Coping with unemployment
The unemployed stigma
When I was young, the thought of being unemployed just meant more time to loaf; more time to go slouching around town with my mates or lay in bed until God knows what time of the afternoon.
But then I got older.
By this time--and I mean well beyond my forties--I'd become tired of not having anything or being able to have anything and I have hopes, plans and dreams. I've been to college to study for something I hoped would enable me to realise some if not all of the above, but then life threw an unexpected curveball; that kink in the otherwise straight road I thought took me to a happy and comfortable retirement.
At first, I thought I would get something quite quickly, move on to pastures new and be able to pick up from where I left off--well, maybe a bit below that, I mean, let's be fair, no-one is going to take my word I'm good at what I do and I knew I'd have to have to start from lower down the food chain.
However, time dragged on and suddenly I found myself much further down the line and my experience, my training, my qualifications don't seem to be cutting it with the employment agencies anymore.
It's surprising how long you can remain buoyant; how long you can kid yourself that you can see that light at the end of the tunnel, convinced it is the exit and not a train that's hurtling towards you.
I'm lucky enough to have a wife (well not quite a wife, but after twenty-three years, who's going to argue?) who can hold things together while I try, try, try to get something that will get me back to work, but I know it can't go on for ever.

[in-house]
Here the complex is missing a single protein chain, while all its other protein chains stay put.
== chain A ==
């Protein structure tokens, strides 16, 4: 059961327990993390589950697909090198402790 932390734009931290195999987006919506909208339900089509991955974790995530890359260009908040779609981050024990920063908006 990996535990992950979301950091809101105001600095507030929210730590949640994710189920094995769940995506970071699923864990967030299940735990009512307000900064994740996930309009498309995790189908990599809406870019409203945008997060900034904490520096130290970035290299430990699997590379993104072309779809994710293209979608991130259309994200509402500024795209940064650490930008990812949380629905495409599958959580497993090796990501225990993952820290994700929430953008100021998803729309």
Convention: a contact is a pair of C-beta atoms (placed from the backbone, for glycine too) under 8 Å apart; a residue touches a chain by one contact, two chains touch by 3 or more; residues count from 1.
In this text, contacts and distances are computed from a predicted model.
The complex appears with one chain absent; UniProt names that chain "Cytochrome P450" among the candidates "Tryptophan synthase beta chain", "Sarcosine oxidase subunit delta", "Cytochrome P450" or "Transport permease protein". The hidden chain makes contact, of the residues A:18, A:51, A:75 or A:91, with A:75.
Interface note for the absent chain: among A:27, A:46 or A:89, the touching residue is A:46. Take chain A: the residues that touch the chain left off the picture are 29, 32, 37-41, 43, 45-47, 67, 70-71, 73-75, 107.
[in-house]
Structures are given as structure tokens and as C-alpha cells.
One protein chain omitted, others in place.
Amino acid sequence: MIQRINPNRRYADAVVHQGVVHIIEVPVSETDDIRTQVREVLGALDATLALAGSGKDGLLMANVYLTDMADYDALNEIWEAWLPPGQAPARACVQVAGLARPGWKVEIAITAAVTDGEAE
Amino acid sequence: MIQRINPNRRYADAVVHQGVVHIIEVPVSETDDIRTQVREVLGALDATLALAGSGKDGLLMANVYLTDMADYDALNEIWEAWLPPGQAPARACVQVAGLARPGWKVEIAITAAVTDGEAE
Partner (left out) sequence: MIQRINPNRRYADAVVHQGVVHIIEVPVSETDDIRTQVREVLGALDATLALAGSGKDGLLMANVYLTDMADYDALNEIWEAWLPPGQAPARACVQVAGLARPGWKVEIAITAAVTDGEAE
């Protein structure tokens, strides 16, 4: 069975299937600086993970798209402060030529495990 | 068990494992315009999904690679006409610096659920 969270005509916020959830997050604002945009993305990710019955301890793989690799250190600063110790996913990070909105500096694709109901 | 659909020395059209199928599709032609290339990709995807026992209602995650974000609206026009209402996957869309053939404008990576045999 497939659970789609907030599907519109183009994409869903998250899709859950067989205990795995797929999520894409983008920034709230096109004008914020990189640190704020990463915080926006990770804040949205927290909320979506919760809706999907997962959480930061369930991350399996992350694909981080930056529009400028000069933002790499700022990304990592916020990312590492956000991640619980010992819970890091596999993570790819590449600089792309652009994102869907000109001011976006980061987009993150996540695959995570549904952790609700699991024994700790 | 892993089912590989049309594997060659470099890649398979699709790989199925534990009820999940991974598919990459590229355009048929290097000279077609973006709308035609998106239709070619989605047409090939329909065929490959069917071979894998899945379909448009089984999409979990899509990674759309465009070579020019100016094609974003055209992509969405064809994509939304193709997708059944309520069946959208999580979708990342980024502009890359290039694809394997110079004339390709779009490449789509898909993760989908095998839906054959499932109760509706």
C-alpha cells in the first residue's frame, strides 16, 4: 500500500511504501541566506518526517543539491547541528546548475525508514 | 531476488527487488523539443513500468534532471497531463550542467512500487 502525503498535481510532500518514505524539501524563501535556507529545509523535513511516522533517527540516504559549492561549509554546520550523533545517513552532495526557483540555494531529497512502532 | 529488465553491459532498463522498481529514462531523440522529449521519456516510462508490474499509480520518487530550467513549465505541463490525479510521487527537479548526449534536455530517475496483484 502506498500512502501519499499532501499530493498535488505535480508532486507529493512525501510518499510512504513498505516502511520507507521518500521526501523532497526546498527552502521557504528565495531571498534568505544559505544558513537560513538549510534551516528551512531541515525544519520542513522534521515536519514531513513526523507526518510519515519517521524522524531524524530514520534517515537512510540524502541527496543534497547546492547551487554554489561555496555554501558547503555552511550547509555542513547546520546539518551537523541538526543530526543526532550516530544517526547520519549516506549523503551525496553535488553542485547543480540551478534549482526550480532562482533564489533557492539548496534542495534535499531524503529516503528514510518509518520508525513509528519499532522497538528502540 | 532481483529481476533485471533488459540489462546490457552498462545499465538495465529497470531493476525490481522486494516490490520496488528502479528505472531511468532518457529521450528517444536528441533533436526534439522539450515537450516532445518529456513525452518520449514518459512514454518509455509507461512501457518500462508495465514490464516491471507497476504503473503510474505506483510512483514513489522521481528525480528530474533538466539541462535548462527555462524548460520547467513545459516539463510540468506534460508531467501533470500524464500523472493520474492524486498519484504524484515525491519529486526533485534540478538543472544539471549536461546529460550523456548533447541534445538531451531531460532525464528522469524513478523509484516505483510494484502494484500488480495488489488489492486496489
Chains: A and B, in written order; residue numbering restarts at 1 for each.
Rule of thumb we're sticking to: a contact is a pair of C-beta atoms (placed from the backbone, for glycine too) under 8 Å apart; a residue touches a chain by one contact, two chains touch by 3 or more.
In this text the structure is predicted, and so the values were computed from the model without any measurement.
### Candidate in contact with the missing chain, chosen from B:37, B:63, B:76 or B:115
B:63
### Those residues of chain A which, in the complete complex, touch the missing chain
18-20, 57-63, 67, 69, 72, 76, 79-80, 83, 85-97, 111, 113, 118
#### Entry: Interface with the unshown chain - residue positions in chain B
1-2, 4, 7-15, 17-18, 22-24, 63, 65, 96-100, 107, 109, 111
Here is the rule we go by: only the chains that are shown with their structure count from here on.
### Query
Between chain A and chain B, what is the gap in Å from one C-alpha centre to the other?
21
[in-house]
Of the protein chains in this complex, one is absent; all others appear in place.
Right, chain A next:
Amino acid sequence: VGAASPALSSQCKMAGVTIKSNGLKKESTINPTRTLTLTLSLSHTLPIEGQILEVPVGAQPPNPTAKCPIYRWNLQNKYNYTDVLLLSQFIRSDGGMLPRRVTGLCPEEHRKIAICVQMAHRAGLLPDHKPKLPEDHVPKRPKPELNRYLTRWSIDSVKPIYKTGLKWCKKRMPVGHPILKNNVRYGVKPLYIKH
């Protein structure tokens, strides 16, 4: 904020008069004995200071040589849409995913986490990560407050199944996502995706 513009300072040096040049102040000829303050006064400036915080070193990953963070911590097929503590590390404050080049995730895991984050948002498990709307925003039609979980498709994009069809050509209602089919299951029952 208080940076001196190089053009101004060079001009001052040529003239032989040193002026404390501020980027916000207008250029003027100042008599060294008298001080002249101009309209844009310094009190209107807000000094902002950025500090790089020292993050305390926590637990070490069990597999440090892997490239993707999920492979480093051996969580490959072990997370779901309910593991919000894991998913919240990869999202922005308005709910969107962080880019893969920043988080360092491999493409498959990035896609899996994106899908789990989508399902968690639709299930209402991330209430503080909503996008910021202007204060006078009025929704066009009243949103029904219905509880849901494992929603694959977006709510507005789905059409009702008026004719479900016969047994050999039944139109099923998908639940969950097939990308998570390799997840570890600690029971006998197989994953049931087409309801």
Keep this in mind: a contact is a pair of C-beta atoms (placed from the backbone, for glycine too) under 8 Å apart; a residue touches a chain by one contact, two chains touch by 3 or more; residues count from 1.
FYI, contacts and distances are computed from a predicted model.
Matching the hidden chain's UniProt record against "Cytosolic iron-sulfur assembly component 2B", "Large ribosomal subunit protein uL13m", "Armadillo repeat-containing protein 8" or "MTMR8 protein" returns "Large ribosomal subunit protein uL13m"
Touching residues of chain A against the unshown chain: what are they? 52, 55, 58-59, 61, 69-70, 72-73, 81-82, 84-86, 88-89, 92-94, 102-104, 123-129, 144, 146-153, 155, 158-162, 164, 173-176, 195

A problem shared is a problem halved and that for me has been the saving grace, but it doesn't always make for the best way to live. Yes I cook,clean and I write hubs, stories and other articles as well as try and train from home for a new job, but every so often, the waste products collide with the air conditioner and it all goes down hill in a hand basket--whatever the hell that means.
Basically, what I'm saying is, it doesn't matter what the situation, there's only so long you can take having no money and only so long you can take some overly made-up teenager on the other end of the telephone telling you you're not experienced enough, or that your experience isn't recent enough.
Meanwhile, my self-esteem has been plummeting faster than a falling rock and I was beginning to feel as if I'd failed completely. I was starting to question every little thing about myself, trying to cope with anxiety; cope with depression and how on earth I came to be in this position.
Worse, I had to try and pull myself out of it.
Teaching your Granny to suck eggs
Since this last change in the British government, the rules have changed. How the hell was I supposed to know?
I wasn't even in the country when it happened.
It's complete madness.
So anyway, I came back and after having been signed on for just two weeks, I was sent on a "Back to work session'.